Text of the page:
The good news: Microsoft’s push into hardware showed some promise in the December quarter, as revenue from its Surface line of tablets more than doubled – to $893 million – from the previous quarter.
The bad news: It’s still losing money.
Following the company’s release of second-quarter earnings, an analyst asked CFO Amy Hood how big the Surface unit has to get before it becomes profitable. Regulatory filings show that Surface cost the company $932 million for the quarter, about $39 million more than it brought in in revenue.
QUESTION: The Surface (is) still losing money, even at the $900 million run rate of revenue in the quarter. Can you give us what type of volume you need to have of that business to make some money?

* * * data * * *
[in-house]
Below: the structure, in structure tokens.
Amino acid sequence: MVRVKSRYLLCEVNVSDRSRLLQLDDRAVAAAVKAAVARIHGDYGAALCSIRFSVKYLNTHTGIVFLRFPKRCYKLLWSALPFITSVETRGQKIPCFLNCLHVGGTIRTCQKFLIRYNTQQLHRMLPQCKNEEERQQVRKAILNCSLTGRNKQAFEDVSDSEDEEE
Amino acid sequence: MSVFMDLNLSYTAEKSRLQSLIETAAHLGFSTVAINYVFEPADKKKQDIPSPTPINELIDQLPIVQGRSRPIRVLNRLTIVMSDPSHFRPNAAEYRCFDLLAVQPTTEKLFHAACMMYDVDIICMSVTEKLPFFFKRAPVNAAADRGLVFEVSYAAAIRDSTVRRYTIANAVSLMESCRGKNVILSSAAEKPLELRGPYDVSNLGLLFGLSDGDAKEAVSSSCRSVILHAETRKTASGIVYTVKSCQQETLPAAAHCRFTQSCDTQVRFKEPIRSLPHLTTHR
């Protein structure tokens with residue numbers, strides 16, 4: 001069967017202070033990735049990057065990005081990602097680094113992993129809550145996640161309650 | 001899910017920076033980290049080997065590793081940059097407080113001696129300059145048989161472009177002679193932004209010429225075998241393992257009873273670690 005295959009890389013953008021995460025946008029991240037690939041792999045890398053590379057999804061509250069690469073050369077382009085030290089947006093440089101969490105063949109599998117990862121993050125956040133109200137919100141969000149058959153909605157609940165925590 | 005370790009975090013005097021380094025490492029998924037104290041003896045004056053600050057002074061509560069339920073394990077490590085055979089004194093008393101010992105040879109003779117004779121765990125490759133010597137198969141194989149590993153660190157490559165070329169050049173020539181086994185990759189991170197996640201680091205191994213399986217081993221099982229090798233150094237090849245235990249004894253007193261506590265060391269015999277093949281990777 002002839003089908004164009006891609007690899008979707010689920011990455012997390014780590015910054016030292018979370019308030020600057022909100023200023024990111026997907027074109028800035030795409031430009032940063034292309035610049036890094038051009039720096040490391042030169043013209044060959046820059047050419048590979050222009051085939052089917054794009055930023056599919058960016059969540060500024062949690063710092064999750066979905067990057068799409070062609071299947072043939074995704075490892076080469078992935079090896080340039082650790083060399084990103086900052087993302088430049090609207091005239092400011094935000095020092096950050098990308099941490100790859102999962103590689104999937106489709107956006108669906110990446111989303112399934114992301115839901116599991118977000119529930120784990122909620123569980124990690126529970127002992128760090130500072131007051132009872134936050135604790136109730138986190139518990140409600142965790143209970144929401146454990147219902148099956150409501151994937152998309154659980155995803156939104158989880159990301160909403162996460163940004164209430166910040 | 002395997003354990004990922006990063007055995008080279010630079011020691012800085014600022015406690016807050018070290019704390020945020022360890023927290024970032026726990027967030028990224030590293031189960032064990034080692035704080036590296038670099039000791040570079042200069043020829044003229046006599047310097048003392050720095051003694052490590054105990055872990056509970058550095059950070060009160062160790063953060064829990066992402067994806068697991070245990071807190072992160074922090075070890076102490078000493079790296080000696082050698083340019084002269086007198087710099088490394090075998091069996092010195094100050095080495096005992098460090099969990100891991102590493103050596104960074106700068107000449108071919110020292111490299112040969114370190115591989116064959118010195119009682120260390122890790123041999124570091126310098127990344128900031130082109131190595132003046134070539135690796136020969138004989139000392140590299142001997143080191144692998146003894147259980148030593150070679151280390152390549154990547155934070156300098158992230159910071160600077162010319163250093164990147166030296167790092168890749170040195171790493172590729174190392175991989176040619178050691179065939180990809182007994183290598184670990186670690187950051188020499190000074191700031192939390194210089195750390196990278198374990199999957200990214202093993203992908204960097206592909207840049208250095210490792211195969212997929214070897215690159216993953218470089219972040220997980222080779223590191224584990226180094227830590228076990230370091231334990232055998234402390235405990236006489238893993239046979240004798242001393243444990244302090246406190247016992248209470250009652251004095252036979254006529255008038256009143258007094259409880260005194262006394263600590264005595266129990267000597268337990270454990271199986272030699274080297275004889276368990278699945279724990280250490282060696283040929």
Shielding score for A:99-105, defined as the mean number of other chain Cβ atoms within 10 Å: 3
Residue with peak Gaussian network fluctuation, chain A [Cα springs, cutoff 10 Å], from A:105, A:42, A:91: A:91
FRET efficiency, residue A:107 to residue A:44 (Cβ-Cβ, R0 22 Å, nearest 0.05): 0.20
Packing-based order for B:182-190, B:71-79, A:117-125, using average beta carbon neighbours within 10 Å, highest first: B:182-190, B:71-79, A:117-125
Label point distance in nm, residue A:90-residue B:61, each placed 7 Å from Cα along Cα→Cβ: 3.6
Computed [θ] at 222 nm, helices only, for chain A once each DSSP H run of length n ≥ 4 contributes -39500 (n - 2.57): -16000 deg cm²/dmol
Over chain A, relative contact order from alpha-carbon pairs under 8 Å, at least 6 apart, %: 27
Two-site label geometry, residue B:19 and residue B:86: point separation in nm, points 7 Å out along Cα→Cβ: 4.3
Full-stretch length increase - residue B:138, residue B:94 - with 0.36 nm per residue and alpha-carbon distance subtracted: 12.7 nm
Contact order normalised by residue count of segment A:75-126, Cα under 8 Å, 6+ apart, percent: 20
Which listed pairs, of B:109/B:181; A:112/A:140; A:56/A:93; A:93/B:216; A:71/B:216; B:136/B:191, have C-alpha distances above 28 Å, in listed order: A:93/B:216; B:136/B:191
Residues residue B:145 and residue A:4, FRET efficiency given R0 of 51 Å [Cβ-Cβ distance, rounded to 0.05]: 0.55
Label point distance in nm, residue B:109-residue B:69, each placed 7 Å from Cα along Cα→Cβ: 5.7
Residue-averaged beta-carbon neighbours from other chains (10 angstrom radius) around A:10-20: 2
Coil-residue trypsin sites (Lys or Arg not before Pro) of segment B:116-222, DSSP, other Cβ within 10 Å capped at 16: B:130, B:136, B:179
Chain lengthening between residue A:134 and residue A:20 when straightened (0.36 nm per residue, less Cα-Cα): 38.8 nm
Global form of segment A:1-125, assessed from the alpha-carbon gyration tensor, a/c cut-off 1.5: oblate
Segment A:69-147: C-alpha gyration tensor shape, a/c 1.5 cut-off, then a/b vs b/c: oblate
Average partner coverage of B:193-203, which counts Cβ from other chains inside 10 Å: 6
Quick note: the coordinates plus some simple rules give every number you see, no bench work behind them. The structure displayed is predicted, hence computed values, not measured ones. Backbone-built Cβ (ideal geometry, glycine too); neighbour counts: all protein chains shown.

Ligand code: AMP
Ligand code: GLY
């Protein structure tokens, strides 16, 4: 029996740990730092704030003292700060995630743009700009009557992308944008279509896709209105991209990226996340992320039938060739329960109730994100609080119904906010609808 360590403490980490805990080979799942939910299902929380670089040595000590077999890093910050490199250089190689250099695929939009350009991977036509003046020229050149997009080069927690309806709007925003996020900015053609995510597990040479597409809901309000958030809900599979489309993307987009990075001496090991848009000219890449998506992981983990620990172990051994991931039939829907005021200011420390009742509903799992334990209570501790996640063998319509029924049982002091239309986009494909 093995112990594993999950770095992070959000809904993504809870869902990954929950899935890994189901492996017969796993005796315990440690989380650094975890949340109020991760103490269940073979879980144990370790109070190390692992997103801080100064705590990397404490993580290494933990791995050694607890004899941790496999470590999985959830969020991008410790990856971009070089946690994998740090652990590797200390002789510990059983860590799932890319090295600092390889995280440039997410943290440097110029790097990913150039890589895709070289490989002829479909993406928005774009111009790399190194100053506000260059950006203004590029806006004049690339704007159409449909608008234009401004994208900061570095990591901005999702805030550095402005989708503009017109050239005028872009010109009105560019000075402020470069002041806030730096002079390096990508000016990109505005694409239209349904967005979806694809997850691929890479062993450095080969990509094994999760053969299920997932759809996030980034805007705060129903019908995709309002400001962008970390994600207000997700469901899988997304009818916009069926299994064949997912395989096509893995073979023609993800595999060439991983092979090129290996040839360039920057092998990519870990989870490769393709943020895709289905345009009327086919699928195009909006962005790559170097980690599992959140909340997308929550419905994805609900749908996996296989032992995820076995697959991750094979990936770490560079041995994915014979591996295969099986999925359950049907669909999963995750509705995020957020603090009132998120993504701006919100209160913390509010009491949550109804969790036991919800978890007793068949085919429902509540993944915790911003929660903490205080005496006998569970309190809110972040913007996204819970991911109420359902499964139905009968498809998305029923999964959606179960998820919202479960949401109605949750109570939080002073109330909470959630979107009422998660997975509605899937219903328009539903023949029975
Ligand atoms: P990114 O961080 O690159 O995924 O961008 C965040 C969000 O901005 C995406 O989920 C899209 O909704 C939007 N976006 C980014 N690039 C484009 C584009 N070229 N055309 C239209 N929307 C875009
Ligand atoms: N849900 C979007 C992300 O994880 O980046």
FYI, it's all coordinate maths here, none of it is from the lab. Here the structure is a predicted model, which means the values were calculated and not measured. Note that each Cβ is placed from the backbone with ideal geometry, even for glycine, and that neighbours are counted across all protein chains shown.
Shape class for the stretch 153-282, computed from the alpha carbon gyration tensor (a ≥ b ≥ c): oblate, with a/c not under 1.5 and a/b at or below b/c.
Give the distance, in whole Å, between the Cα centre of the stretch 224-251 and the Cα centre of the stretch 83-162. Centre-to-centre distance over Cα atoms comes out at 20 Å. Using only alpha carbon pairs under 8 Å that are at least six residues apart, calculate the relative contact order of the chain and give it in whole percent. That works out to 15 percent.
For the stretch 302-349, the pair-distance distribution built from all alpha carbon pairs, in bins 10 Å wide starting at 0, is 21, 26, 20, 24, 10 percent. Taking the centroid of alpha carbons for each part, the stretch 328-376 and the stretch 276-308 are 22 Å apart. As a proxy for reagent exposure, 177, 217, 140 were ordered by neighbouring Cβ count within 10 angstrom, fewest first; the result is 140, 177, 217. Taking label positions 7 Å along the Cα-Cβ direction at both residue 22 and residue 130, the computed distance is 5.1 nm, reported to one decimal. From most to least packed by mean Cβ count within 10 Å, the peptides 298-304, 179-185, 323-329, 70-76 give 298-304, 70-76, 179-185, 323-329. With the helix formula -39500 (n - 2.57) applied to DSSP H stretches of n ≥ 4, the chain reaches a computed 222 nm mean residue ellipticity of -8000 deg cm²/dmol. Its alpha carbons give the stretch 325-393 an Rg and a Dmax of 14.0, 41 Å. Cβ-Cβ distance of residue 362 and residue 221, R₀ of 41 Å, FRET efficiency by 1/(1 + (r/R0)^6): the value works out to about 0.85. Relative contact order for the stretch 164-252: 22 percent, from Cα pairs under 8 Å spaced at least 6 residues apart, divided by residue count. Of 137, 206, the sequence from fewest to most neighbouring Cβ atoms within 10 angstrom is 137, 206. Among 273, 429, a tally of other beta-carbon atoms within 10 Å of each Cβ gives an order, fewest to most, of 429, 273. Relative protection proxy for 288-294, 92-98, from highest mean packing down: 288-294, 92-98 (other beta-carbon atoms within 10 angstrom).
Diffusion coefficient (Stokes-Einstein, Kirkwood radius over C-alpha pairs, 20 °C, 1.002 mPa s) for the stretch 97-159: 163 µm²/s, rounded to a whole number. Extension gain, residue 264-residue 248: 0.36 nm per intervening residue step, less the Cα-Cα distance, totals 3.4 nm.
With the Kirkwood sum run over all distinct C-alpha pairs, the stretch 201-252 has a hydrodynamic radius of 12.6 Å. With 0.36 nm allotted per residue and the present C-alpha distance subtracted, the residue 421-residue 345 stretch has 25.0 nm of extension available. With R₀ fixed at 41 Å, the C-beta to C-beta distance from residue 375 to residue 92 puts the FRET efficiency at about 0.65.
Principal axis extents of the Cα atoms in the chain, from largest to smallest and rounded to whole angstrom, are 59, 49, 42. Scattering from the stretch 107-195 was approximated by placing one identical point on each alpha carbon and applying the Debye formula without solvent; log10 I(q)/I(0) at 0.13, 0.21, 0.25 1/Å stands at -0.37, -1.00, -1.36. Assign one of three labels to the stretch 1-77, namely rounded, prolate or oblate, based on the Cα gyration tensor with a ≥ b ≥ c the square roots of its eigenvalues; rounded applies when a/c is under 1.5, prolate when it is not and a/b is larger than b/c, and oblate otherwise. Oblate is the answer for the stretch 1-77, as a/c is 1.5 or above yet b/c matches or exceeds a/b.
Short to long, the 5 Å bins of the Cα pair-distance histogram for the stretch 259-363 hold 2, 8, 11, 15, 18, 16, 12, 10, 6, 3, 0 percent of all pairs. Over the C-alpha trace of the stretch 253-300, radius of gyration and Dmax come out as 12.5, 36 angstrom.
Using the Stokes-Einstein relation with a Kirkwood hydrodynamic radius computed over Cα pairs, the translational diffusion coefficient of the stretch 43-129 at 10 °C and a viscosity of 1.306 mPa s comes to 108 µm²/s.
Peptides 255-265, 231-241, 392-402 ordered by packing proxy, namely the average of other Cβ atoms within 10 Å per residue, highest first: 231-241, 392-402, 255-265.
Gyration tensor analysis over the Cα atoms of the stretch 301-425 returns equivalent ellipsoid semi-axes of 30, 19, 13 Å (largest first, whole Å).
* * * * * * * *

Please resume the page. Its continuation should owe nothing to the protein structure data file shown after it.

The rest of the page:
RESPONSE: (Hood) When we launched Surface just a year ago, our goal was really to create a product that showcased what can happen when you innovate in hardware, in the service and in the software. And, as you know, we’ve learned a lot over the course of this journey and we have to make more meaningful progress. But I think for us, we’ve remained focused as we launched the second version of Surface, to stay focused on those price points and gross margin. And I think we’ve made a leap from v. 1 to v. 2, and I look forward to making leaps as we go forward in our product roadmap. But I do think it’s more to think about it as a goal — as we absolutely have — as we continue to innovate the line.